Won’t interfere in border issue, says Australian envoy

Won’t interfere in border issue, says Australian envoy

‘It a matter for China and India to resolve it bilaterally’

Australia would not “interfere” in the ongoing situation between India and China at the Line of Actual Control (LAC), said its High Commissioner to India, indicating a different line from the U.S. on the issue.

Prime Minister Narendra Modi and his Australian counterpart Scott Morrison are due to speak at a “virtual” bilateral summit on Thursday, where the two sides are expected to strengthen strategic cooperation and announce a Mutual Logistics Supply Agreement (MLSA) for the reciprocal use of each other’s bases and other military facilities.

“In relation to the border issues…that is a matter for China and India to resolve, not a matter for Australia to interfere with. What we have seen in the past week when others have sought to step in, it has been made clear that India and China will resolve it bilaterally,” said High Commissioner Barry O’Farrell, in a reference to U.S. President Donald Trump’s offer to mediate, as well as a U.S. official’s reference to the LAC situation as proof that China poses a “threat” to its neighbours.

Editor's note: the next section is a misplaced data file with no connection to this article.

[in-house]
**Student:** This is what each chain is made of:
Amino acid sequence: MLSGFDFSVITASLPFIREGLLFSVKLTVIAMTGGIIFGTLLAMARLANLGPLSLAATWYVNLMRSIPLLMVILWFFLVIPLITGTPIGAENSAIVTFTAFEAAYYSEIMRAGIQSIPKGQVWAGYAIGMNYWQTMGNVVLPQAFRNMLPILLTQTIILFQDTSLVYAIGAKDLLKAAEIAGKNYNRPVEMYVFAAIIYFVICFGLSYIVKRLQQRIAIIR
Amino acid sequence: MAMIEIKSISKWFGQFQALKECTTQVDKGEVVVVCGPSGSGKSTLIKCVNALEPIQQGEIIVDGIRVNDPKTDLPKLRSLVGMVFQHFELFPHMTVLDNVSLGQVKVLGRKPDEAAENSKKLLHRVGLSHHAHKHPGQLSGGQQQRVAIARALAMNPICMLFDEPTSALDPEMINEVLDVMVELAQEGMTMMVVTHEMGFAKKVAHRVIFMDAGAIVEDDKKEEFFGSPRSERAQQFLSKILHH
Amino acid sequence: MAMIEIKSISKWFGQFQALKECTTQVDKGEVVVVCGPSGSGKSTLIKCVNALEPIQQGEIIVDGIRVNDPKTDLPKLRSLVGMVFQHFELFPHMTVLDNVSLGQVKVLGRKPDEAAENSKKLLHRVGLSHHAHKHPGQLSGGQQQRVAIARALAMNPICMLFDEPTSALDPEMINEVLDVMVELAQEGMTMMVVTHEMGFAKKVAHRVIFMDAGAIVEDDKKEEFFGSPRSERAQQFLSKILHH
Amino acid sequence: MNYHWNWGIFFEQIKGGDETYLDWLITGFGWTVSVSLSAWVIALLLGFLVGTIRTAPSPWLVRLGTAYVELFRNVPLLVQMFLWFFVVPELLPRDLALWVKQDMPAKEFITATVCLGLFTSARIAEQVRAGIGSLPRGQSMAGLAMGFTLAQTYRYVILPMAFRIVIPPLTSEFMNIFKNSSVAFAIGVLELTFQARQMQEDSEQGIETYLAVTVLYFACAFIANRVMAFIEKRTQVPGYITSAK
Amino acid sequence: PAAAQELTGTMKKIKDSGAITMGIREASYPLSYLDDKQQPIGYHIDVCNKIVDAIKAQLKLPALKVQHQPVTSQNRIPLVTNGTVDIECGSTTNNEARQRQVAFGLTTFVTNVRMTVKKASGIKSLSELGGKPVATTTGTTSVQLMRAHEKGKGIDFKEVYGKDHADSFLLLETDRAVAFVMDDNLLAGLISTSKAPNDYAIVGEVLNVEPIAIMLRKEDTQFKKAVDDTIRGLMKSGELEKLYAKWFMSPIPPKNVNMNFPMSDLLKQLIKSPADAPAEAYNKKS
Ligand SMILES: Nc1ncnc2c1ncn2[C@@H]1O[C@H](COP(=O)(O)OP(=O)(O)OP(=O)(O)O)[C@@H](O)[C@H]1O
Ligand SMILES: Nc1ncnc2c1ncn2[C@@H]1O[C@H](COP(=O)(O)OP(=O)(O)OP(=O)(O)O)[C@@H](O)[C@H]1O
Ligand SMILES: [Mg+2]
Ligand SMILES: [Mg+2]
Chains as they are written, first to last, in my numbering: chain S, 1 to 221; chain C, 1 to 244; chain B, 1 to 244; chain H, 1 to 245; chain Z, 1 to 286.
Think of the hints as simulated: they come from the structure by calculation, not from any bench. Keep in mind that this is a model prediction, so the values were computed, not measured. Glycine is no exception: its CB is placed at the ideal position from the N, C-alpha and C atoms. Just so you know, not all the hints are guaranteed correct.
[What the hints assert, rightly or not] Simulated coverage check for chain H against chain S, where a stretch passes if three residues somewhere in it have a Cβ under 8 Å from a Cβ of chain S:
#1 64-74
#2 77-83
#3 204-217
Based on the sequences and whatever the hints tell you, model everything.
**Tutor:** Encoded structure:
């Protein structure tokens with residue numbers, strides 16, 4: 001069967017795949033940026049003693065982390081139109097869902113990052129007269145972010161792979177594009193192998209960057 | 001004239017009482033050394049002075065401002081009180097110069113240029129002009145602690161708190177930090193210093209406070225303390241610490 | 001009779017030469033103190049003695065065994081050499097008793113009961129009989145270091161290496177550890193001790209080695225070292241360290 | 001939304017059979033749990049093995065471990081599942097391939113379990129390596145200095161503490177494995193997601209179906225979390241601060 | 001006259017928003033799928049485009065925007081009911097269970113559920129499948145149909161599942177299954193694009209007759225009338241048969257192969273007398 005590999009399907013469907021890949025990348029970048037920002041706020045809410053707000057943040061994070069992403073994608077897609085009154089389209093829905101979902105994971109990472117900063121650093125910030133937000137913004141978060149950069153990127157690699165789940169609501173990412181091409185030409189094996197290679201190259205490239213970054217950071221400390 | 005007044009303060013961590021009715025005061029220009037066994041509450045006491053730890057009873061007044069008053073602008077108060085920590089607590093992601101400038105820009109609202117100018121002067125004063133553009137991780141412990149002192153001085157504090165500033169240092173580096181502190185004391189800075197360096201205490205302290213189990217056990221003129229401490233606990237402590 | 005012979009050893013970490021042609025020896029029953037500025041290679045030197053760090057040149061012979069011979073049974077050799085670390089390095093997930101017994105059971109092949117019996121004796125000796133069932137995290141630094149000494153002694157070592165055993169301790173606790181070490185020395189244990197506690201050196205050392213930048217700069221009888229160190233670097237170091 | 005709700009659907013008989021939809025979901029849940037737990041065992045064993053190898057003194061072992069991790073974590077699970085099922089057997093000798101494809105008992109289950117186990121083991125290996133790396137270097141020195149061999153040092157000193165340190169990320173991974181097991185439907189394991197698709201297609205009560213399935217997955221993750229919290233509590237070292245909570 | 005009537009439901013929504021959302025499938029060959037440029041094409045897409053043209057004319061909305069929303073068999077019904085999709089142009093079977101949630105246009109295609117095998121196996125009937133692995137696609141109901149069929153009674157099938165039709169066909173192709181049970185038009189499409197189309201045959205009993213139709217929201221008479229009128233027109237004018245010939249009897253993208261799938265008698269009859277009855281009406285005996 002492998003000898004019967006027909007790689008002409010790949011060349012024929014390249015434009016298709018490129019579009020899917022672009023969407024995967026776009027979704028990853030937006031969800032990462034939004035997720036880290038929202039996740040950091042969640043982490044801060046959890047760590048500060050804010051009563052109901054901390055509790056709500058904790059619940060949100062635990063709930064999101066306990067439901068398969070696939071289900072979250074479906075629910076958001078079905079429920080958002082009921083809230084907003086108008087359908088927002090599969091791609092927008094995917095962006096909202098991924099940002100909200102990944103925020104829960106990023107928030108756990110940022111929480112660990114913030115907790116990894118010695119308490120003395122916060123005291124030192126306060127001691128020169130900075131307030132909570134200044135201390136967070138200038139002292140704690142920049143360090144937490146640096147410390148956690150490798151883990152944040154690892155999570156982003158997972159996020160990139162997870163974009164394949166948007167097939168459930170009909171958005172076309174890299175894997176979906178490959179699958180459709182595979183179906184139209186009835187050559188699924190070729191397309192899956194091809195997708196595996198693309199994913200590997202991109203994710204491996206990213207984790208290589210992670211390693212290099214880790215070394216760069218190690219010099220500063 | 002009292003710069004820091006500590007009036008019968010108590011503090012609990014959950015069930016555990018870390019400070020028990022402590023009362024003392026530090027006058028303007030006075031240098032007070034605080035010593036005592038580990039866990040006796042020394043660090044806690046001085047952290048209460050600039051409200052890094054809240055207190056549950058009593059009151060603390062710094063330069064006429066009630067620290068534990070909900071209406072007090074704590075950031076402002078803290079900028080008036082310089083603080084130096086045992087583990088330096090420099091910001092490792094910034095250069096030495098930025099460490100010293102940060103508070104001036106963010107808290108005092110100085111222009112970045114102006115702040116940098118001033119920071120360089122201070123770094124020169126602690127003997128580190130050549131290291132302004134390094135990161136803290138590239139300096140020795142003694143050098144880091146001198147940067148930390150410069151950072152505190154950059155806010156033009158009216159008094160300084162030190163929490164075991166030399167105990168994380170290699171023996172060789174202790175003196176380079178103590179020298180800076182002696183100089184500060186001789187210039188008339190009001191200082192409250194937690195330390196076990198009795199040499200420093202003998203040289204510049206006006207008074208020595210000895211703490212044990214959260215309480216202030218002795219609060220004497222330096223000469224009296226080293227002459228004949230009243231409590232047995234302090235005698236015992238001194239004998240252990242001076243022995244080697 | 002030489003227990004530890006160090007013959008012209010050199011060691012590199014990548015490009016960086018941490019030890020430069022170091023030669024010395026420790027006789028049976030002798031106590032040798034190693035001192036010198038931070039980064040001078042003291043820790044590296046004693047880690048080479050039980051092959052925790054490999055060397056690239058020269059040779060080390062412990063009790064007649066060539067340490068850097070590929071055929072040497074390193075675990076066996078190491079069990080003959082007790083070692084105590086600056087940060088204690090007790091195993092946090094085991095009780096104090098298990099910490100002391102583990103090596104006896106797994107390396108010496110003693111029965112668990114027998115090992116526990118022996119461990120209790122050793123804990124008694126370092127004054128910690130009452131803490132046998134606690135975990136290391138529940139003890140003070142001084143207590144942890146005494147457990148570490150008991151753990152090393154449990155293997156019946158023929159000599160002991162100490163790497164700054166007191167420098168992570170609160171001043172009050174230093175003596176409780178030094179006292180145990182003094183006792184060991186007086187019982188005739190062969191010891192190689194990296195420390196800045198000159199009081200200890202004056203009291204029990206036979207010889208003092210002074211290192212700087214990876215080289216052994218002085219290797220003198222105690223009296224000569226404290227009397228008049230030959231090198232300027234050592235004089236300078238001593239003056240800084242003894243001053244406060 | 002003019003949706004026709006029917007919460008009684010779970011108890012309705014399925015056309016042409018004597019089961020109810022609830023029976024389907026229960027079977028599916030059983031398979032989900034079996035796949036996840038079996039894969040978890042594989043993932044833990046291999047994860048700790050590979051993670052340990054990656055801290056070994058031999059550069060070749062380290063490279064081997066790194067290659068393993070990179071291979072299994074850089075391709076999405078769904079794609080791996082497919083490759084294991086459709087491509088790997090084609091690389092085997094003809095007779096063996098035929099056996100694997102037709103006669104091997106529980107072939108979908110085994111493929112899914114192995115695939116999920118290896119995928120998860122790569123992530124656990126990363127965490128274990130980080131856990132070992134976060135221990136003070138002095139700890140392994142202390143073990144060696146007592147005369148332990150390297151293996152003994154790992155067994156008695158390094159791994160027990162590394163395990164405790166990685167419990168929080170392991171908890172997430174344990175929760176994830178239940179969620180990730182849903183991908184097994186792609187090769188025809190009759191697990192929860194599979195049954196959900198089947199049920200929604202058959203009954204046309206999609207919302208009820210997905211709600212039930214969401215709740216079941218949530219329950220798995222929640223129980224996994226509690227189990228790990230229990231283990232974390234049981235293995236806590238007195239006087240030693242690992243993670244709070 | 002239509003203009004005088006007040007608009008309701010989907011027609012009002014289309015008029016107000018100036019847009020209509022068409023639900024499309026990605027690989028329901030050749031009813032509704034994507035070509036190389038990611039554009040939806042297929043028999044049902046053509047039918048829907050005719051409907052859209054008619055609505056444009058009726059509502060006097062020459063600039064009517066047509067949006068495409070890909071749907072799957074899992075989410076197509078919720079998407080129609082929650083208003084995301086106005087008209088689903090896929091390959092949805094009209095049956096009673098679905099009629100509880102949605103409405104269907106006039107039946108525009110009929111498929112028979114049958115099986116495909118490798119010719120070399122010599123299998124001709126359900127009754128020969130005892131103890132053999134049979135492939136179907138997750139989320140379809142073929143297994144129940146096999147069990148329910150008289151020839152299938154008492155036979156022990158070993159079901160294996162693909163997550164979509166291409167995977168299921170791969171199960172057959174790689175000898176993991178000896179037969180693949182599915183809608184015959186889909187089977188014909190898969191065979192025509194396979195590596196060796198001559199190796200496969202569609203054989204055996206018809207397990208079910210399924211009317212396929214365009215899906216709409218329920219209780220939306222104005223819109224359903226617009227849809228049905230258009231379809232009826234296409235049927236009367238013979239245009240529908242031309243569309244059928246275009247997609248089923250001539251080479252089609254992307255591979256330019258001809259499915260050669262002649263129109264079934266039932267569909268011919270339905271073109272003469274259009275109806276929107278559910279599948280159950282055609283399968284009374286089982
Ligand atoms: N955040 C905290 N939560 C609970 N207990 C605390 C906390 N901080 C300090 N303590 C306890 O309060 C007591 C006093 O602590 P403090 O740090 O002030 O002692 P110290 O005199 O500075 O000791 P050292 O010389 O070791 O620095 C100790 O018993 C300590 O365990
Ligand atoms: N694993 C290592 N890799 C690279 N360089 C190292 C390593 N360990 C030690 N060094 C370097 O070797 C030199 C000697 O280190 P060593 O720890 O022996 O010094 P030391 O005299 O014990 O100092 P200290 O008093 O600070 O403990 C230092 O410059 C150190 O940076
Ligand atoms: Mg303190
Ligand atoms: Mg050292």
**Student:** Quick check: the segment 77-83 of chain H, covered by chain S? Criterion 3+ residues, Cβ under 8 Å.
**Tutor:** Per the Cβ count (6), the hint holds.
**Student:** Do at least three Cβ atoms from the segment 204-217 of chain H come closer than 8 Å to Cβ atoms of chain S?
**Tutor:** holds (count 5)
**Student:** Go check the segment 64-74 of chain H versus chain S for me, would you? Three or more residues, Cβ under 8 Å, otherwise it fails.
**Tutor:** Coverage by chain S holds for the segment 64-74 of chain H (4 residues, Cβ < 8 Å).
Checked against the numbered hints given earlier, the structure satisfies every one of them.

Australia and China are currently are locked in tensions as well over a range of issues, from trade and the coronavirus pandemic to China’s moves in the South China Sea. However, the envoy made it clear that the issues would be kept separate from India’s current tensions over the Chinese army action on the LAC in Ladakh and Sikkim.

Speaking about the summit on Thursday, which has been scheduled six months after it was cancelled in January last because of forest fires in Australia and then put off due to the pandemic, Mr. O’Farrell said the relationship would reach a “historic high” after the Prime Ministers’ discussions.

“The mutual LSA makes it easier for defence forces of both countries to conduct exercises like AUSINDEX and to facilitate access to each other’s bases,” Mr. O’Farrell told journalists in Delhi. “It is the sort of a relationship we have with many of our allies,” he added.

Australia had submitted a draft of the MLSA soon after India signed a similar “foundational agreement” with the U.S. in 2016, and it has taken nearly four years to negotiate. India was likely to sign LSAs with Russia, Japan and the U.K. as well in the near future, said officials.

Amongst a number of other agreements due to be announced during Thursday’s summit are COVID19-related cooperation at regional and multilateral institutions, said the High Commissioner.

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